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Why a Playbook?

[1] Why Another Playbook? 📚

Every week, another major scandal: Facebook, Ozy, Barstool, and endless stories we don’t hear about because of social pressure and disparagement agreements. The Startup” has become one of the world’s most influential institutions, producing an outsize impact on the lives of its stakeholders, but its growth-at-all-costs mindset is causing pain and suffering to users (Instagram), workers (Amazon), communities (AirBnB) and the biosphere (Bitcoin). Would different mindsets and culture yield different results?Meanwhile, nearly half of all American teens think they are going to start a business that will change the world. Woah. What’s the distribution of motivations for these 10 million future business leaders? What playbook are they following? Which role models are they looking to? What questions are they asking? I feel simultaneously nervous about the prospect of an army of Zuck’s, and excited by the potential of this entrepreneurial energy. The stakes are high, but the bar to play is low.

Having 10 years of experience with YC/VC/MBA culture as an employee, founder, and investor, I find myself curious about alternative ways to create and live. To bring more quality of life, meaning, and integrity to the startup process. Not to throw away the fundamentals; but to complement and balance them out, challenge the business-as-usual and education-as-usual status quo (Aristotle believed ethics came down to asking tough questions), and source new ingredients that can nourish healthy soil for Gen Z: innovative accountability practices like the North Star Ethics Pledge, inspiring movements for more ethical and inclusive startup culture like Zebras Unite, and evolutionary economic frameworks like Doughnut Economics (meet the needs of all people within the means of the planet).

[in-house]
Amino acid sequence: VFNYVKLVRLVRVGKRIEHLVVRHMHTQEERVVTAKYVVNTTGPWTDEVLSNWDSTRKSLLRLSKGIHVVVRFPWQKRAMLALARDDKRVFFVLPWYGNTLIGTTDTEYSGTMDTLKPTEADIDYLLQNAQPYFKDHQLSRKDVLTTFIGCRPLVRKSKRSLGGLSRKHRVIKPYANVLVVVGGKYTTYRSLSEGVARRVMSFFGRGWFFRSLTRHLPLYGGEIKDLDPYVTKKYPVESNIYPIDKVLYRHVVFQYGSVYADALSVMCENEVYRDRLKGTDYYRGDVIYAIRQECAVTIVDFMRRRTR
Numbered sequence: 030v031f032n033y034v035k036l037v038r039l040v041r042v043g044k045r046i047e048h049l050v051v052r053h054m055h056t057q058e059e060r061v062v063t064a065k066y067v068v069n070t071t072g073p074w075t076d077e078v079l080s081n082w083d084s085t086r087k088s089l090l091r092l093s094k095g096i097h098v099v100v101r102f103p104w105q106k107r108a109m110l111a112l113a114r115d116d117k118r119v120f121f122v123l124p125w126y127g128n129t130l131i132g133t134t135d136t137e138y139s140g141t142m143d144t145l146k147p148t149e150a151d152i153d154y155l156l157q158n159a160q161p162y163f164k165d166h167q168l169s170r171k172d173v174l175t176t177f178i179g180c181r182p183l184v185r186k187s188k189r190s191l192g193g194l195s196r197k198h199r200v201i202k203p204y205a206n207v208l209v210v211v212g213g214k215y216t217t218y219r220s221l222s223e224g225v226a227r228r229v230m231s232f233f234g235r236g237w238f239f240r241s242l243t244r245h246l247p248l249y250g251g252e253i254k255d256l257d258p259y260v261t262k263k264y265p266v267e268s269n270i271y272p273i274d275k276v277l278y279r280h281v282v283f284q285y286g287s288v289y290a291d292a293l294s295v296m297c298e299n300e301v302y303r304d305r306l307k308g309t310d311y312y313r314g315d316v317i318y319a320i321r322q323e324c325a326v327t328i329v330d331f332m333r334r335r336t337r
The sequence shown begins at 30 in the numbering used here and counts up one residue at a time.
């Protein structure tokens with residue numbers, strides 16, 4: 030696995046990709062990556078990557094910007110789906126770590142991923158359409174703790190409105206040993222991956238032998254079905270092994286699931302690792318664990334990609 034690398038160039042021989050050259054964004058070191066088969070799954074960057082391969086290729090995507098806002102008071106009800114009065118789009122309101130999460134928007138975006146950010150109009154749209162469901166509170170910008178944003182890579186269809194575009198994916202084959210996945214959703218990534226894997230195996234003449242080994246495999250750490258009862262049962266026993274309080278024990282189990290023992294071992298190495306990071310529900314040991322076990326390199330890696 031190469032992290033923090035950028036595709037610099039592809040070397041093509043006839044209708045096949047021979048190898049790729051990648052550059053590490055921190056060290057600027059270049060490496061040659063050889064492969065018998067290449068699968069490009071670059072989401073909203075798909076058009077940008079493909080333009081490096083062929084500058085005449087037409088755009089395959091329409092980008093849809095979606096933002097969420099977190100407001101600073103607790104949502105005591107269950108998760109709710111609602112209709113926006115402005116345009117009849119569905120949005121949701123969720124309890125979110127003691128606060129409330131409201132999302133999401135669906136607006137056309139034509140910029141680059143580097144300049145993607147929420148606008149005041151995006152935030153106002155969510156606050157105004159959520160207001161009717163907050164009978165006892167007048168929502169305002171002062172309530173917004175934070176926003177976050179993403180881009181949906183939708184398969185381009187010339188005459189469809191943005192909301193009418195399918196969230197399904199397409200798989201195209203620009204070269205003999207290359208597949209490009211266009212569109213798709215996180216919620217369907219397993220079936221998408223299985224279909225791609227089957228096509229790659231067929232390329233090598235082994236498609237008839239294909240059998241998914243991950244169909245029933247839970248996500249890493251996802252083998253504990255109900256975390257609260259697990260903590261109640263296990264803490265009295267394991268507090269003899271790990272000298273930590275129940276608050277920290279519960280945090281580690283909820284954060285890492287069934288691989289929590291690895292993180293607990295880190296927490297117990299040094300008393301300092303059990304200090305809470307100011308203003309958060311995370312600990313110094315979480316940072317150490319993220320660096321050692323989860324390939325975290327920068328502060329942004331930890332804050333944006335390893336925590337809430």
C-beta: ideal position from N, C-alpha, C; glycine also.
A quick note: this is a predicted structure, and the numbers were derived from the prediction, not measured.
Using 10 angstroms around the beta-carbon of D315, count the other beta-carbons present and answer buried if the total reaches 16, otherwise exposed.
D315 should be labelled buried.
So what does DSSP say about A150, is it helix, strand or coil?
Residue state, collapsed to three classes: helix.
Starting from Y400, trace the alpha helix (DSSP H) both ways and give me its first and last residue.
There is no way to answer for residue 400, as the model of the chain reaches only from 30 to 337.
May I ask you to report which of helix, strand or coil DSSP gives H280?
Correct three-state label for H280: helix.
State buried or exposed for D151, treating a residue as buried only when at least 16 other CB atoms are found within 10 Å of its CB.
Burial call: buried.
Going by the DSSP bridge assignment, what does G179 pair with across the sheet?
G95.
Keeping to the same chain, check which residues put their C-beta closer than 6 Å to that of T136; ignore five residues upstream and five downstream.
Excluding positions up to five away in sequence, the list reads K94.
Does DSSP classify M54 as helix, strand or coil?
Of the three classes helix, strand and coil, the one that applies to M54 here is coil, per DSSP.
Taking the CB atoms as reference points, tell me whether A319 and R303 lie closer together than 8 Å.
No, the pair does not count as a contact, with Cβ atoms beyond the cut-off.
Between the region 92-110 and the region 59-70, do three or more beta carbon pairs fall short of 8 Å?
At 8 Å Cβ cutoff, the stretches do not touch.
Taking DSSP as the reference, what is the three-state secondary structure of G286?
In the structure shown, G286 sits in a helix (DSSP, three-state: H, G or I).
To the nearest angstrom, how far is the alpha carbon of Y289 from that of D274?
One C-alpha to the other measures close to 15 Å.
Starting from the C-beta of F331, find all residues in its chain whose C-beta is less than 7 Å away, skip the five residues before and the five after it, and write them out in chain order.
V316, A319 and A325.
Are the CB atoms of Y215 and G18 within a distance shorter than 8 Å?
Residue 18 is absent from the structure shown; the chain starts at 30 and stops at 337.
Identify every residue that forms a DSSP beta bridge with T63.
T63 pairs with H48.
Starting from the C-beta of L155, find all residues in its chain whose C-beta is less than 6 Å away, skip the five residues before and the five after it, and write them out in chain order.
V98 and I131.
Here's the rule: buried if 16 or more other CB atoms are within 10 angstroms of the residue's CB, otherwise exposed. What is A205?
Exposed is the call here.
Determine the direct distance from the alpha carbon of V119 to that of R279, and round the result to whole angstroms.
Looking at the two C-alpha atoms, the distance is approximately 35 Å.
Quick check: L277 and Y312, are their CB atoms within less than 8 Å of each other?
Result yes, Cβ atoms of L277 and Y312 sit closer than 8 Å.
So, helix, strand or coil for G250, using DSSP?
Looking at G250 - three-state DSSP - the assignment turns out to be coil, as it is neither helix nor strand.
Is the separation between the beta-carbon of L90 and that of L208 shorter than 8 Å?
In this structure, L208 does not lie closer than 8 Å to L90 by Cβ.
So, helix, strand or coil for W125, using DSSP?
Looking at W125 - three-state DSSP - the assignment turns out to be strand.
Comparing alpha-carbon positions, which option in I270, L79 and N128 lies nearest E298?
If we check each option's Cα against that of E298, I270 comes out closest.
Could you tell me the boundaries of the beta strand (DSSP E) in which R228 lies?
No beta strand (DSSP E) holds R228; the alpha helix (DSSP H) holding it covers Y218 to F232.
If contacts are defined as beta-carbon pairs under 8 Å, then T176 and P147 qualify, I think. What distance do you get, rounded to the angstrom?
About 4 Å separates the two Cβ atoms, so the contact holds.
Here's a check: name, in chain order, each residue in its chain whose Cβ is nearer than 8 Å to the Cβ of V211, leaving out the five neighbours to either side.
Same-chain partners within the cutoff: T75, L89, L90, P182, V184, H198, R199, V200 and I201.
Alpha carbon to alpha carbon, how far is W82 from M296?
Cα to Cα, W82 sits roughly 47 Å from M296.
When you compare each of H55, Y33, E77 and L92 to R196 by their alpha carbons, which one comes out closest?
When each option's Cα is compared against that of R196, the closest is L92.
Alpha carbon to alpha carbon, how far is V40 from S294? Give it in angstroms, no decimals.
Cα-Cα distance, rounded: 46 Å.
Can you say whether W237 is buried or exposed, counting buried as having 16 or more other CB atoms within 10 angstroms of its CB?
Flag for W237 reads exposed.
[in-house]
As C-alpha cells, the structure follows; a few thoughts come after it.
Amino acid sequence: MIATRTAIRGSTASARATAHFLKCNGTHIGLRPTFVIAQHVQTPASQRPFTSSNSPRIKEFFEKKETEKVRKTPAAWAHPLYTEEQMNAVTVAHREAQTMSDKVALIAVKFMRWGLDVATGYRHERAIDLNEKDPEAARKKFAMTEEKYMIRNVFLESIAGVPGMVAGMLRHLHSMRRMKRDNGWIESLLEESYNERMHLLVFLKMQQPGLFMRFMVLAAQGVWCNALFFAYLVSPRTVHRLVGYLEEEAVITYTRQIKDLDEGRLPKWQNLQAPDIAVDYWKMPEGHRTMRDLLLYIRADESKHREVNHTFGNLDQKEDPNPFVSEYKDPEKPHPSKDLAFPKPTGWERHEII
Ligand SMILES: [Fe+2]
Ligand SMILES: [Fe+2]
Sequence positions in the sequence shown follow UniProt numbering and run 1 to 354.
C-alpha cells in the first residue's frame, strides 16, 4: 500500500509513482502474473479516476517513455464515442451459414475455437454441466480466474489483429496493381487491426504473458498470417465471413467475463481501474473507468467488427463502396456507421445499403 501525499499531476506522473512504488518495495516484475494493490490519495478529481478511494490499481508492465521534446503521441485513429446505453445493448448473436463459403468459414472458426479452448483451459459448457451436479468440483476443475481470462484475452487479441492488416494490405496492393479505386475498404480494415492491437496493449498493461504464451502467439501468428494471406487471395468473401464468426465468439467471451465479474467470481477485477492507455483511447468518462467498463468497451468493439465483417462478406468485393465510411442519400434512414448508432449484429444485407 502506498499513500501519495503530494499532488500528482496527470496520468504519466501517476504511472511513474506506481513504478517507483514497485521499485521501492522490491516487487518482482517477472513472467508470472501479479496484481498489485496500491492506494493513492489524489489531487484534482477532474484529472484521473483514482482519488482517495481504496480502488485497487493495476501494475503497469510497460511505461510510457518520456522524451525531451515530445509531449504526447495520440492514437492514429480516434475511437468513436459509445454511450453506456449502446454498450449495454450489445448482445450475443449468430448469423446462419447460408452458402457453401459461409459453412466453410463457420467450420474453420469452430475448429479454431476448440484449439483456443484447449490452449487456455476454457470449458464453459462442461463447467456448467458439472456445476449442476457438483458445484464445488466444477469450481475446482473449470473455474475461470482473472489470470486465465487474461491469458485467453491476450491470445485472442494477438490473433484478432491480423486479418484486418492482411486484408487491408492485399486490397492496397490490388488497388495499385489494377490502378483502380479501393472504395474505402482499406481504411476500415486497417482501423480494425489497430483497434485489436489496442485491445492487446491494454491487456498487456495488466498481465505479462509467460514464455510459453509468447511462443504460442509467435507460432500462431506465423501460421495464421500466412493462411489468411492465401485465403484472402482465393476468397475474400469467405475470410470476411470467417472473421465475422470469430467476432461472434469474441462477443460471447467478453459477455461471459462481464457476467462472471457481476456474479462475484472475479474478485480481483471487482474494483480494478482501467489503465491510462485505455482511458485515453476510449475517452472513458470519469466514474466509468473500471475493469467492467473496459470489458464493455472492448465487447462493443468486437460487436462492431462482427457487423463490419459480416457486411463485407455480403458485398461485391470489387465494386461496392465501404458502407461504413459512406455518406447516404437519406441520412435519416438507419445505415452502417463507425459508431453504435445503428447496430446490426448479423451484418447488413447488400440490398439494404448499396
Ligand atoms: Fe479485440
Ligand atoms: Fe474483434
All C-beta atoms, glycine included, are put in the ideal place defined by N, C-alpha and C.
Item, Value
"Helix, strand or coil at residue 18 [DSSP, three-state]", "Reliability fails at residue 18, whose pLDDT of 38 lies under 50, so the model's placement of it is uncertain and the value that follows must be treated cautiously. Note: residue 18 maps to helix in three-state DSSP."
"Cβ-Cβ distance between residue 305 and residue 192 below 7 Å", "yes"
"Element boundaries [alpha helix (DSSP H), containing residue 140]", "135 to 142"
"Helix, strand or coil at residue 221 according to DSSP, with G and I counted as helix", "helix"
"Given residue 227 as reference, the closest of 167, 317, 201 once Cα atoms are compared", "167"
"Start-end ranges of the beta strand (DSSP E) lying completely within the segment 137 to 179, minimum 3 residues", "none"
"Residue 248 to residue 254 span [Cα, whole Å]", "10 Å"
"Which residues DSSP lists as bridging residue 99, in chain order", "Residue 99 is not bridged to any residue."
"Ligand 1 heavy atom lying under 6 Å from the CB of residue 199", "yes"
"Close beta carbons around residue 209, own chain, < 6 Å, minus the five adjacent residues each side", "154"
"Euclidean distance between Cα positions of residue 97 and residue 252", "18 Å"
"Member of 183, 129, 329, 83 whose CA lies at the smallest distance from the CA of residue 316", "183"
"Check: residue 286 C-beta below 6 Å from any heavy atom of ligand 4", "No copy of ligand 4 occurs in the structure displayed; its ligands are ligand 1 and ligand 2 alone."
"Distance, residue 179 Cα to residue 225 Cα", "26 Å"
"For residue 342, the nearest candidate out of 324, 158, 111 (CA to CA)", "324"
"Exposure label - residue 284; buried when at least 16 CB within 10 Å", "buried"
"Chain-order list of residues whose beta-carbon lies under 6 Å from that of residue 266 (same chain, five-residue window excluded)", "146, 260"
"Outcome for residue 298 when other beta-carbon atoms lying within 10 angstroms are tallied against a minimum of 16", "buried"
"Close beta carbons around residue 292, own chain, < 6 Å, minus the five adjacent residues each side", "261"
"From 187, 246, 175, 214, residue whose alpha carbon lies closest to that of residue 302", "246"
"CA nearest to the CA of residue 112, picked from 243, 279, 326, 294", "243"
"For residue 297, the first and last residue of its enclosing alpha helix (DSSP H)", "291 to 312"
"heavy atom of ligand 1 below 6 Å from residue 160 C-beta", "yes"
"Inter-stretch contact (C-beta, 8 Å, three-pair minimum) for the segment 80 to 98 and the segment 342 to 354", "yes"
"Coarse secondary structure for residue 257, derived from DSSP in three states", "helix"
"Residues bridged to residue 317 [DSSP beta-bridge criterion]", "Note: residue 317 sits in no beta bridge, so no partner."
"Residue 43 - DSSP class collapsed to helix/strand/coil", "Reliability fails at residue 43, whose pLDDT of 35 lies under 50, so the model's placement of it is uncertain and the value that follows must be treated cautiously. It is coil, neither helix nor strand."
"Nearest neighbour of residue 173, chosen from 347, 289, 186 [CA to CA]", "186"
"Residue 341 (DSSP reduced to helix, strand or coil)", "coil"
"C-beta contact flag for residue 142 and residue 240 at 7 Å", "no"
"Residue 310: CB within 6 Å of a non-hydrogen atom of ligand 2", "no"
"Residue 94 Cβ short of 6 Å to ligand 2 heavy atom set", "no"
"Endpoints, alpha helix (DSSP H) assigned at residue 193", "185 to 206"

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Inspired by Donella Meadows’ 12 Leverage Points to Intervene in a System, The Center for Humane Technology developed a simplified framework for the tech industry. When I think of shifting how we approach building startups, I look at the Culture & Paradigm side of the scale, which is the highest leverage point and most difficult to shift, occurring when there is widespread change in our core beliefs, values, behaviors, and operating norms.

This playbook is for folks interested in starting a tech company and wondering how to do that in a more ethical way, given the context of their unique life and our unique times. It’s a small starting place; very far from comprehensive of what I think could be useful: essays for different stages and industries; a multiplicity of books on the topic; a whole school for ethical startup education (DM if interested). It’s what I wish I had read while poking around in the dark building Siempo: an attempt at a “full-stack” ethical startup (Public Benefit Corporation, open source, equity crowdfunding).

“Without reflection, we go blindly on our way, creating more unintended consequences, and failing to achieve anything useful.” Margaret Wheatley